Wednesday, February 3, 2010

Superbowl Sunday: Greedy players, greedier owners, and seven-layer dip

As many of us are well aware, Sunday marks America's unofficial sports holiday, a national daylong fest of gluttony and television watching (two of my preferred activities any time of the year).

Most refer to it as Superbowl Sunday. Others may dub it "National I-really-have-to-pee-but-I-can't-leave-the-room-because-the-commercials-are-better-than-the-game" Day, or "Why-don't-I-just-forget-about-the-chips-and-eat-the-dip-with-a-spoon" Day. But, for whatever moniker we may opt, it's a great excuse to gather with friends and family and waste an entire Sunday in the name of huge men hurling their bodies at each other in pursuit of the Vince Lombardi Trophy.

Among all this warm and fuzzy revelry, however, a storm of labor unrest is a brewin' in the National Football League. The league's collective bargaining agreement expires at the end of the 2010-11 season, and both the players' union and the owners are sparring over a new pact. In 2008, the league grossed approximately $6 billion in operating revenue, of which the players' union received and divvied up approximately 60%. Sounds pretty good to me.

The owners are now proposing an 18% reduction in revenue share for the players. They claim that since their group assumes 100% of the cost, they should not be compelled to forfeit 60% of the proceeds. The players' union, while pointing out that they are not only the workers, but also the product, are pushing for a five-year extension to the existing agreement. Management, in the words of famed broadcaster Keith Jackson, have barked out, "Whoa, Nelly!"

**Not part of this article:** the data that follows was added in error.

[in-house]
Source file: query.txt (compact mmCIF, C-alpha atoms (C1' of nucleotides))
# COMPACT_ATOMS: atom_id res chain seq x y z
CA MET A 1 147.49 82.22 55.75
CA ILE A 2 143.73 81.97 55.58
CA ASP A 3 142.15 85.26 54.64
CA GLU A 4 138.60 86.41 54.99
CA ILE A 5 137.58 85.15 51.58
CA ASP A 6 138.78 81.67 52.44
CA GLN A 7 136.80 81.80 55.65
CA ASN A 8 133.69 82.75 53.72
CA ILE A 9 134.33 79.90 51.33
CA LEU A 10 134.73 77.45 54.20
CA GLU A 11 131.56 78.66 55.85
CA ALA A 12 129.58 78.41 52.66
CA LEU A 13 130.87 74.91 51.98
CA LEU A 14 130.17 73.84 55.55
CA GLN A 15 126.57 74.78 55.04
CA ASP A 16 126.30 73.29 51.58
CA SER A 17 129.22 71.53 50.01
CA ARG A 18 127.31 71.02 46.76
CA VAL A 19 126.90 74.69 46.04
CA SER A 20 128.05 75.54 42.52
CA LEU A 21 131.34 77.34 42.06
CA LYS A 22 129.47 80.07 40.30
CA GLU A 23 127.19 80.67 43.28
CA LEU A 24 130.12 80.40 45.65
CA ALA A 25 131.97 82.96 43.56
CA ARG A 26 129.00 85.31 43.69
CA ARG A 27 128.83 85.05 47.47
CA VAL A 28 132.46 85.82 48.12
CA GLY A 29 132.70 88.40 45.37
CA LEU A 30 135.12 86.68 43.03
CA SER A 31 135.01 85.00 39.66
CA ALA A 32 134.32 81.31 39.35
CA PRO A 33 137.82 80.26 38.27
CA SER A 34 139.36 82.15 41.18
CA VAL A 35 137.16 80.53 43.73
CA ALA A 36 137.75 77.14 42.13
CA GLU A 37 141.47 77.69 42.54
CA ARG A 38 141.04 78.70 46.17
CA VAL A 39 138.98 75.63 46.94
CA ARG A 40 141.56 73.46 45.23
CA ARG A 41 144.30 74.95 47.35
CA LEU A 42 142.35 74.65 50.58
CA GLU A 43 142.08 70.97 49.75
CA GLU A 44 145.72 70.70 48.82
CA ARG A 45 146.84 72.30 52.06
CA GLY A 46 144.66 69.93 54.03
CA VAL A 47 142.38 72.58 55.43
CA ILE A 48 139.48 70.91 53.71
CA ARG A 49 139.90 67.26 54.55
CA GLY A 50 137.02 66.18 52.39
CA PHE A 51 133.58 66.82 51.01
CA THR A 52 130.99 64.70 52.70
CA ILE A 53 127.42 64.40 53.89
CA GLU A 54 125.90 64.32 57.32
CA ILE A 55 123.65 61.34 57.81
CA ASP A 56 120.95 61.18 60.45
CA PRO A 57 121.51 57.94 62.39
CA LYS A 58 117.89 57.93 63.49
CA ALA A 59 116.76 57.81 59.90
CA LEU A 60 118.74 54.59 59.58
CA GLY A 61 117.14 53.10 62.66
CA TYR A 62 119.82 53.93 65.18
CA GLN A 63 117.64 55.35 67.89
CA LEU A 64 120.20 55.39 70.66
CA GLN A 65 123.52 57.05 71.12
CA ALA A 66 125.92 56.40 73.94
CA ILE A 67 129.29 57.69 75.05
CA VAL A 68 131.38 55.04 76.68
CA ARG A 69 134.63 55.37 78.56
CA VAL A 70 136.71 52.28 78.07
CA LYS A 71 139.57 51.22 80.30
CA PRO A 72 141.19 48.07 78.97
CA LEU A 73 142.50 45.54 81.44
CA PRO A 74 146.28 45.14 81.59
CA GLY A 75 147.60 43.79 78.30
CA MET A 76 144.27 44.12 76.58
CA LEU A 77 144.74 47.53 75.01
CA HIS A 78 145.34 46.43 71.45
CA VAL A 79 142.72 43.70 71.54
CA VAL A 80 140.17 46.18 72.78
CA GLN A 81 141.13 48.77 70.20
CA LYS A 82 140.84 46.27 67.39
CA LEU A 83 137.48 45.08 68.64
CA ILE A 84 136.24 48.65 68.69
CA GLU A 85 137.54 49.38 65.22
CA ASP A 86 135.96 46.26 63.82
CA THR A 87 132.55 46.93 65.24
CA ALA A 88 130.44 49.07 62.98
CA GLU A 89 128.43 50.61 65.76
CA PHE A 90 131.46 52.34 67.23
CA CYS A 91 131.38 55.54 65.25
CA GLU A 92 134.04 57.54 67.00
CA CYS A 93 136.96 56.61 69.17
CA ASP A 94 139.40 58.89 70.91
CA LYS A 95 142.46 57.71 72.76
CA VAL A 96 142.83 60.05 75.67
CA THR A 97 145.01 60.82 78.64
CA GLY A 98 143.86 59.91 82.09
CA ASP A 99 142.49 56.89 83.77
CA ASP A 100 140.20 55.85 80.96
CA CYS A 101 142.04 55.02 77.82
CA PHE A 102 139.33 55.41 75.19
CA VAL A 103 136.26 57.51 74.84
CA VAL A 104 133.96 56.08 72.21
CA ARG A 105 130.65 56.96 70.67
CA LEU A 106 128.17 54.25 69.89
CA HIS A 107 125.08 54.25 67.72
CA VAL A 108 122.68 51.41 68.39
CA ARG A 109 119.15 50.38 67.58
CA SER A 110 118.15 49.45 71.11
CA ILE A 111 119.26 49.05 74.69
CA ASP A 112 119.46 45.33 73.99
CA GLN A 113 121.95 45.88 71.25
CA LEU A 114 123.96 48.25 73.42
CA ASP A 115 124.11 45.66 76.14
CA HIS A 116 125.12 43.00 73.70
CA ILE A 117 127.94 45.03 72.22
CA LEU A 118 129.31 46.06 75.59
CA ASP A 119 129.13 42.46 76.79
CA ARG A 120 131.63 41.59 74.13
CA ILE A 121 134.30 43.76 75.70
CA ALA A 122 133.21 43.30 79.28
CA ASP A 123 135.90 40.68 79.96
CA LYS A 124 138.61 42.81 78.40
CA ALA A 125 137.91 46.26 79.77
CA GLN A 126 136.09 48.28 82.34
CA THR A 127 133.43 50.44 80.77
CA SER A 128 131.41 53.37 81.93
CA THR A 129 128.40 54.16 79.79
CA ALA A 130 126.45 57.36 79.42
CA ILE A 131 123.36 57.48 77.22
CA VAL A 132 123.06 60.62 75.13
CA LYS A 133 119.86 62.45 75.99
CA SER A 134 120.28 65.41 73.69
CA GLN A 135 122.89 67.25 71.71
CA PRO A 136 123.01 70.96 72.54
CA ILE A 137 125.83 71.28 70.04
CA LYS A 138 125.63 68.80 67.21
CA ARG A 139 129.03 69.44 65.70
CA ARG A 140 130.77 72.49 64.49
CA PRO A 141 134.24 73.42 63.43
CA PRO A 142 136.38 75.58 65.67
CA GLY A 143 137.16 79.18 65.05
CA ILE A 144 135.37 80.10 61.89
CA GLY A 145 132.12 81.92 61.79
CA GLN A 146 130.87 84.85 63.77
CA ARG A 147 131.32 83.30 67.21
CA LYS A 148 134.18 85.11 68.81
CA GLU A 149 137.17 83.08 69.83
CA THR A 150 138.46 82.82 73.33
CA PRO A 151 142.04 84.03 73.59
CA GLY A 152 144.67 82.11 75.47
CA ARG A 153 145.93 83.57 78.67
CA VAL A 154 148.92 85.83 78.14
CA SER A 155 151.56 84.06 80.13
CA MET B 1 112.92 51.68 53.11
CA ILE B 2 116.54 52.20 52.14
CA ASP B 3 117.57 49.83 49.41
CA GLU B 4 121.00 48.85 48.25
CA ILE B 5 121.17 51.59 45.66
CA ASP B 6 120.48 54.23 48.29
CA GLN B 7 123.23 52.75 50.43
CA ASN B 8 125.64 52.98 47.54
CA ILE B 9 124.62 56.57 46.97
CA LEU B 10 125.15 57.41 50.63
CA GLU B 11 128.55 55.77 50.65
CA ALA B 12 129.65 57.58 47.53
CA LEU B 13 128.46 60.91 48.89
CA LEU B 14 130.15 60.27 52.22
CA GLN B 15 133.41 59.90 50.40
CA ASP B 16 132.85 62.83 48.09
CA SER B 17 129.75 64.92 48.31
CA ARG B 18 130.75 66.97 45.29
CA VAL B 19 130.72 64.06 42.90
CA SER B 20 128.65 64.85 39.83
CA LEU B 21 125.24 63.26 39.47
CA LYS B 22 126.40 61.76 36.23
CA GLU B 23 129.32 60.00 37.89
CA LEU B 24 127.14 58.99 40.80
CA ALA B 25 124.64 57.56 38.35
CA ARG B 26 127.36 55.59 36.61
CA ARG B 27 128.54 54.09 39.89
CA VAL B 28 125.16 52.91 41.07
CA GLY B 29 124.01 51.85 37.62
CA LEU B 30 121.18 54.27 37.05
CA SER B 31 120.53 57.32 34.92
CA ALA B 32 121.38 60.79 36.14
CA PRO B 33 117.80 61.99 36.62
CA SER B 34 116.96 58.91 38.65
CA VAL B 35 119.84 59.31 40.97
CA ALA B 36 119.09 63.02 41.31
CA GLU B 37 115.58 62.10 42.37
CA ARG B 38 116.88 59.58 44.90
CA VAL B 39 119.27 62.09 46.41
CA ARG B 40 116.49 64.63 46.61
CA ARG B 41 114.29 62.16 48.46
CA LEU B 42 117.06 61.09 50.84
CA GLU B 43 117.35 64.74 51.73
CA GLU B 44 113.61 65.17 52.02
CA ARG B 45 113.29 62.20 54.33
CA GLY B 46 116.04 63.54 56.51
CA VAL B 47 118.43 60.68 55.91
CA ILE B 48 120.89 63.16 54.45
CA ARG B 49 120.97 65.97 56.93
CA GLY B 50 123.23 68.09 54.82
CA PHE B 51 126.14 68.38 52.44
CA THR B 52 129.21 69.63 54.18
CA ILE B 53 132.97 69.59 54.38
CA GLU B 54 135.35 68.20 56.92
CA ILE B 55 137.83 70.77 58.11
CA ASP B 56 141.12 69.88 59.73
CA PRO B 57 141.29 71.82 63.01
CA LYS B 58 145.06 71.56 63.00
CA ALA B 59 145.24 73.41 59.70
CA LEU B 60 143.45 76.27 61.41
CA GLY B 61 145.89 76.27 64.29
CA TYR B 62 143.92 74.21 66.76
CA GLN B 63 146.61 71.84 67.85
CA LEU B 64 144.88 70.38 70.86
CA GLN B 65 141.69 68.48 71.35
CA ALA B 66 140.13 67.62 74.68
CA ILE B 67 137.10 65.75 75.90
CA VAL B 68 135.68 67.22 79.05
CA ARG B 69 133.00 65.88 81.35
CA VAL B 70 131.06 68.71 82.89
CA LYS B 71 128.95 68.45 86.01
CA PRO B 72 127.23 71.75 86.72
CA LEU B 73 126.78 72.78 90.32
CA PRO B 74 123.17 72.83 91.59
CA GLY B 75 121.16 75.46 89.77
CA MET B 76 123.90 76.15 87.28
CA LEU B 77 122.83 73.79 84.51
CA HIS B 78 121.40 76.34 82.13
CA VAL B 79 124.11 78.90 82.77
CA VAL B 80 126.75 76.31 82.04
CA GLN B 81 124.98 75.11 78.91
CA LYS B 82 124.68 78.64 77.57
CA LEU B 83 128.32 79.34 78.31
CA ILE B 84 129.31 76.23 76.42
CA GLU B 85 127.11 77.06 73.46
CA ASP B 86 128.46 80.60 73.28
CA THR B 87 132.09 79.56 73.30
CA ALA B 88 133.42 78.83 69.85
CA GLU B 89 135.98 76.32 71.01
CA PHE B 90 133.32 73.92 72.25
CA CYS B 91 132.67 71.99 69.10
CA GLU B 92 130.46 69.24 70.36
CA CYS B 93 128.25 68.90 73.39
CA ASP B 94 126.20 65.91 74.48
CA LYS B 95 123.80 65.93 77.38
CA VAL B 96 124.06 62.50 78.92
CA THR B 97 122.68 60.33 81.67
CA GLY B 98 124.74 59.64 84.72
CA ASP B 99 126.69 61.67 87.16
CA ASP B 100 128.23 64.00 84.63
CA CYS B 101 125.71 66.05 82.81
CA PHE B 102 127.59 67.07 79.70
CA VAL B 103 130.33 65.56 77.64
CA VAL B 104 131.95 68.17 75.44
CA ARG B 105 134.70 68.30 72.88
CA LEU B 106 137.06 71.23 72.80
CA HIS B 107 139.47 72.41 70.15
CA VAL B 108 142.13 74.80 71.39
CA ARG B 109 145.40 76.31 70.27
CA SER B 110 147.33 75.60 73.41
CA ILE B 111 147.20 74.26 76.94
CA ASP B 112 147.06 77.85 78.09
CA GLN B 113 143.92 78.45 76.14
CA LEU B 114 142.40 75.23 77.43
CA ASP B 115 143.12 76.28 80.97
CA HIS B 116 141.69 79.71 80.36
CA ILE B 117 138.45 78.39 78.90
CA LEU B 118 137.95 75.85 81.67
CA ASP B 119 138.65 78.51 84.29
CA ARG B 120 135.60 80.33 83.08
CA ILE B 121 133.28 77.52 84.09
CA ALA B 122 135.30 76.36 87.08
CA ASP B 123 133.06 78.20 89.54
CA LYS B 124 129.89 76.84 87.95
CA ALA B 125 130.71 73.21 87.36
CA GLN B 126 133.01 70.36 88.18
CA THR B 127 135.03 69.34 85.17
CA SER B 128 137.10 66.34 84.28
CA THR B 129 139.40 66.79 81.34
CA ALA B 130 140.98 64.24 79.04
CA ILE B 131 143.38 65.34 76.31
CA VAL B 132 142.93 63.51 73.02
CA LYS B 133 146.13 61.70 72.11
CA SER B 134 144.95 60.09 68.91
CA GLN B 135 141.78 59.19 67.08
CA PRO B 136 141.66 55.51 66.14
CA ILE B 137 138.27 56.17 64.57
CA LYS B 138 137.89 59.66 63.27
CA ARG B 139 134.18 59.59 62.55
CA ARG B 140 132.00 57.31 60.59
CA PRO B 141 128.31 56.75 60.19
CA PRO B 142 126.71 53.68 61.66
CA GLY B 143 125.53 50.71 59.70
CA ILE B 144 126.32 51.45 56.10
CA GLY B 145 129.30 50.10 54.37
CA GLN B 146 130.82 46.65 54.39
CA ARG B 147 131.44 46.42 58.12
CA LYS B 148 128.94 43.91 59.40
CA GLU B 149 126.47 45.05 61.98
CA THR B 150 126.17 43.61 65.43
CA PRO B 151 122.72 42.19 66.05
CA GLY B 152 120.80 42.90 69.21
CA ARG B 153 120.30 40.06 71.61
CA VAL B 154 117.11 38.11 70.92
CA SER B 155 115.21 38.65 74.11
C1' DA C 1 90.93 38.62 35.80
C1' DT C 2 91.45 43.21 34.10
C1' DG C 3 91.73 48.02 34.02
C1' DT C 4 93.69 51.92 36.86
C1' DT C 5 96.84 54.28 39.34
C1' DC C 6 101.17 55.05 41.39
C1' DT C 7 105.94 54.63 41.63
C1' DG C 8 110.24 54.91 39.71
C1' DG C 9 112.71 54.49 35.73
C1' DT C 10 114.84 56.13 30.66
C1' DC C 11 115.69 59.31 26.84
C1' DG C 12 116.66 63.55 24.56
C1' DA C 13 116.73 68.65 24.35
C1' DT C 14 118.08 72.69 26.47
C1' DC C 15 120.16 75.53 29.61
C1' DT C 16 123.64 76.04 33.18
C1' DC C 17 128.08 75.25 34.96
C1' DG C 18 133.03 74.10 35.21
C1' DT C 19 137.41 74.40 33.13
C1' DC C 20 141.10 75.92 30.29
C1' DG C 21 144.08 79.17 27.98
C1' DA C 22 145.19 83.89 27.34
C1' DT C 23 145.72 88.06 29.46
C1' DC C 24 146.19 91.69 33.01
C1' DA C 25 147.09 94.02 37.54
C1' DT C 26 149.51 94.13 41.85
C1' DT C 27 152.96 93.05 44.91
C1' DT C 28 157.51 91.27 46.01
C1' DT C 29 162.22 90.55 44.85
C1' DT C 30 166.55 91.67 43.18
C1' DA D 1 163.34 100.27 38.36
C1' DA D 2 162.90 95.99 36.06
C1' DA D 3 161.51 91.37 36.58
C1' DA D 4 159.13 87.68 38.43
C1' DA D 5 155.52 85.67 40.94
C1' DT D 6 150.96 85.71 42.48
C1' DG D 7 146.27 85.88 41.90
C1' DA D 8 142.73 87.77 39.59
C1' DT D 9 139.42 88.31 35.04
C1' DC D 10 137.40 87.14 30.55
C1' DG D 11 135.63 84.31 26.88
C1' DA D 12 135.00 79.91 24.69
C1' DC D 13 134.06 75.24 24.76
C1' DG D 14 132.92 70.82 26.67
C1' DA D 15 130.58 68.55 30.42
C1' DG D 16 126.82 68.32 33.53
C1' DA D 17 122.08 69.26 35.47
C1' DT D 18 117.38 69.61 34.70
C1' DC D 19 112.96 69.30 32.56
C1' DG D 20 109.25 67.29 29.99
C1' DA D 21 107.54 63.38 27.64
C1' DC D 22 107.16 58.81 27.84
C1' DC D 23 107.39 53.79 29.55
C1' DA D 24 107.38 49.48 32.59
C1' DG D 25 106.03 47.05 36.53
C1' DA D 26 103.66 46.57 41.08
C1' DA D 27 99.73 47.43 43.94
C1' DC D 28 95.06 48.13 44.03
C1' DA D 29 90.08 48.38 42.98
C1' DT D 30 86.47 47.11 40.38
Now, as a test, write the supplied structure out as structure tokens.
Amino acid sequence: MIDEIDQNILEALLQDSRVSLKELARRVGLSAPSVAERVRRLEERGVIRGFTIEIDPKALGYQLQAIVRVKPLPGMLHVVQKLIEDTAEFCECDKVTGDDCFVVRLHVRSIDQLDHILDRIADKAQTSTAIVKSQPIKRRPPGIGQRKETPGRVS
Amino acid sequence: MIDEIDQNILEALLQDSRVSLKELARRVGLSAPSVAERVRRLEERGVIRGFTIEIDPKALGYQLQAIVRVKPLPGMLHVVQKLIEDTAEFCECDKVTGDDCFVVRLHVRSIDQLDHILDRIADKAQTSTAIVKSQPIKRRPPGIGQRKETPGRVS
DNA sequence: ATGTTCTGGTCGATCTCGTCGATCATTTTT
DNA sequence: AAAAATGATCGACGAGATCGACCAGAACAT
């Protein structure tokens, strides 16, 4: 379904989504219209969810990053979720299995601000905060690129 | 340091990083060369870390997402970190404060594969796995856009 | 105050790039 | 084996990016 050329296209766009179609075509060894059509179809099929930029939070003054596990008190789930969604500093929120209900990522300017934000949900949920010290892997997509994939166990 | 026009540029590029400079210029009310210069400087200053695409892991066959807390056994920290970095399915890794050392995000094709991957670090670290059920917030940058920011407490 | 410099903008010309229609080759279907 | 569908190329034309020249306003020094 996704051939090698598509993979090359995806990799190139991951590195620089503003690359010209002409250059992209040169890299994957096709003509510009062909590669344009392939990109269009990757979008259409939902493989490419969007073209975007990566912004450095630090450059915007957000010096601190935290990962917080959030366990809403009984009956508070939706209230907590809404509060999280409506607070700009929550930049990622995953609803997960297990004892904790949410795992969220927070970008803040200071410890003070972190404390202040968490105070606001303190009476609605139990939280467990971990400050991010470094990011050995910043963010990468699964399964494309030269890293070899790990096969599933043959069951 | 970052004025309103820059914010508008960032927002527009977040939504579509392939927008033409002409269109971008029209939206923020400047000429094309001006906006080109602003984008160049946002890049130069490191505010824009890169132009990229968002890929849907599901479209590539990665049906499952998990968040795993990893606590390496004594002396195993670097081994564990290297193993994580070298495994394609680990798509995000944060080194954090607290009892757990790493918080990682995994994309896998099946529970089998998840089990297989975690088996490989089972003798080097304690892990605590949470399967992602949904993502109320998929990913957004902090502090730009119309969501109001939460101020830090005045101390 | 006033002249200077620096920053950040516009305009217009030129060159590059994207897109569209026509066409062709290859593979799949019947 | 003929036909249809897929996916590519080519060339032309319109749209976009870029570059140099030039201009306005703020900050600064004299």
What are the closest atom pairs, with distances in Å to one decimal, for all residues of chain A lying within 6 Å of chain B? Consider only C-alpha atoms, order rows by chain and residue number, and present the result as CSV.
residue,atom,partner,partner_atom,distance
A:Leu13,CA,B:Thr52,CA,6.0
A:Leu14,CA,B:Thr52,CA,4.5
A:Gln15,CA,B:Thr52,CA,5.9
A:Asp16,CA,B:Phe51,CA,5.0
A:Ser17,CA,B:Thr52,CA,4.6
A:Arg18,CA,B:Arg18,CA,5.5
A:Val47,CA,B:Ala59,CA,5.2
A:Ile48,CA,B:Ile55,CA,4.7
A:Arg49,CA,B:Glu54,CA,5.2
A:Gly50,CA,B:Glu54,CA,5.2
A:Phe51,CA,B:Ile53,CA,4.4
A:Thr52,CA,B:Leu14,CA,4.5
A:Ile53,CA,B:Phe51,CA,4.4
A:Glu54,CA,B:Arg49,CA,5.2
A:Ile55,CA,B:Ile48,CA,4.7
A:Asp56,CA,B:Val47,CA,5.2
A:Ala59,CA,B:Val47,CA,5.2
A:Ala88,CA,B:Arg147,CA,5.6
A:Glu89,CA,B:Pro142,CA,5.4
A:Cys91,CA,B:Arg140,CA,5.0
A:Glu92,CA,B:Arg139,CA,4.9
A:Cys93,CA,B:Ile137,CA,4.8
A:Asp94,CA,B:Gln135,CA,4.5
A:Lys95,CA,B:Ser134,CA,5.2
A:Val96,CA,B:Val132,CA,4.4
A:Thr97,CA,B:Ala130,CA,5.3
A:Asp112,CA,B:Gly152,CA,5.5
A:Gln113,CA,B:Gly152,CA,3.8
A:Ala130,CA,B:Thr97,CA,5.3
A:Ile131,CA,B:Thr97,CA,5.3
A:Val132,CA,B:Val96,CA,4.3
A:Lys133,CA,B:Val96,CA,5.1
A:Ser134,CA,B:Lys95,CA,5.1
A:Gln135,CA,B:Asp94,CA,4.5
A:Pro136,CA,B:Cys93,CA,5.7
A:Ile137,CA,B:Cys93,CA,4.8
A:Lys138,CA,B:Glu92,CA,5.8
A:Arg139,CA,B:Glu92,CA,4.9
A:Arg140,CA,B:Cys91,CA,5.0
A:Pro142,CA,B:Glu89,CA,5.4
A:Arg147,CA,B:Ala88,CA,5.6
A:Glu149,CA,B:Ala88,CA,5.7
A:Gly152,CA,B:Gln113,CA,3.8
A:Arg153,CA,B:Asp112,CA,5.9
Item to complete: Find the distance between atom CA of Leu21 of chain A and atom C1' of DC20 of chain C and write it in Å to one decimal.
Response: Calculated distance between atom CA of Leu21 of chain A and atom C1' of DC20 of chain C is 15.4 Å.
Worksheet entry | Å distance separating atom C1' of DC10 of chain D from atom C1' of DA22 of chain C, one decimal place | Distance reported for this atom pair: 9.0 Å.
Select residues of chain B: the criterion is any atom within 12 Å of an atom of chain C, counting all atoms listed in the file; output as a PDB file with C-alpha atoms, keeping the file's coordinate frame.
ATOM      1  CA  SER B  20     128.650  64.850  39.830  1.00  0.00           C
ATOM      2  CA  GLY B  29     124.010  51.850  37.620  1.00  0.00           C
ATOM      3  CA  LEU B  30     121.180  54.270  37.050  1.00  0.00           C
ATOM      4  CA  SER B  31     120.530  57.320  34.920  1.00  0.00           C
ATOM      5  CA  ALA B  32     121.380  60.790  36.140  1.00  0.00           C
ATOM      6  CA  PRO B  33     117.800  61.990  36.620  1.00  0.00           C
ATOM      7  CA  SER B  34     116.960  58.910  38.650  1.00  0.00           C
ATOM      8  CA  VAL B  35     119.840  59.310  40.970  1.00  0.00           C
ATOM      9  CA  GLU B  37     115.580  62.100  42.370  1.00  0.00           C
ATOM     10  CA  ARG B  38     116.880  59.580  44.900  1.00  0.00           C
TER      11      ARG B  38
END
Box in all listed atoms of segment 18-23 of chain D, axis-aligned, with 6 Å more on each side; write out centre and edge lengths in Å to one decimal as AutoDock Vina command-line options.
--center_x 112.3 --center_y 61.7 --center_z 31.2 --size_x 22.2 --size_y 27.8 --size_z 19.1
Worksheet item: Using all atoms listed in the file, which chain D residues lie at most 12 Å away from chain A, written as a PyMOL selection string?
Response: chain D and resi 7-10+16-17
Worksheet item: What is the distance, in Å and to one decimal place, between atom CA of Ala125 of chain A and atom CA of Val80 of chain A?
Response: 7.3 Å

I've got quite a problem with both sides in this matter; we're talking about billionaires using their leverage against millionaires. America has a checkered history visa vie labor/management relations—we were industrialized through the exploitation of slaves, immigrants and children. The unions have made massive strides in defining fair wages and labor law, and many of our ancestors were harmed in this struggle. In addition, a new sector of our population, known as the middle class, emerged as a direct result of organized labor.

Are we comparing apples to apples when it comes to this battle of entertainment industry giants versus coal miners in Kentucky? I think not, so here's my solution for owners and players alike:

Unless you want to completely alienate that guy from Pittsburgh, who paints his face, straps on his foam finger and spends his living wages on eight dollar beers at the stadium, just extend your existing agreement. It's like when that favorite pair of pleated, gabardine slacks develops a hole in its crotch, you march right down to Penney's and buy a new pair just like it.

Come on, owners and players. It's not broken. Don't try to fix it.

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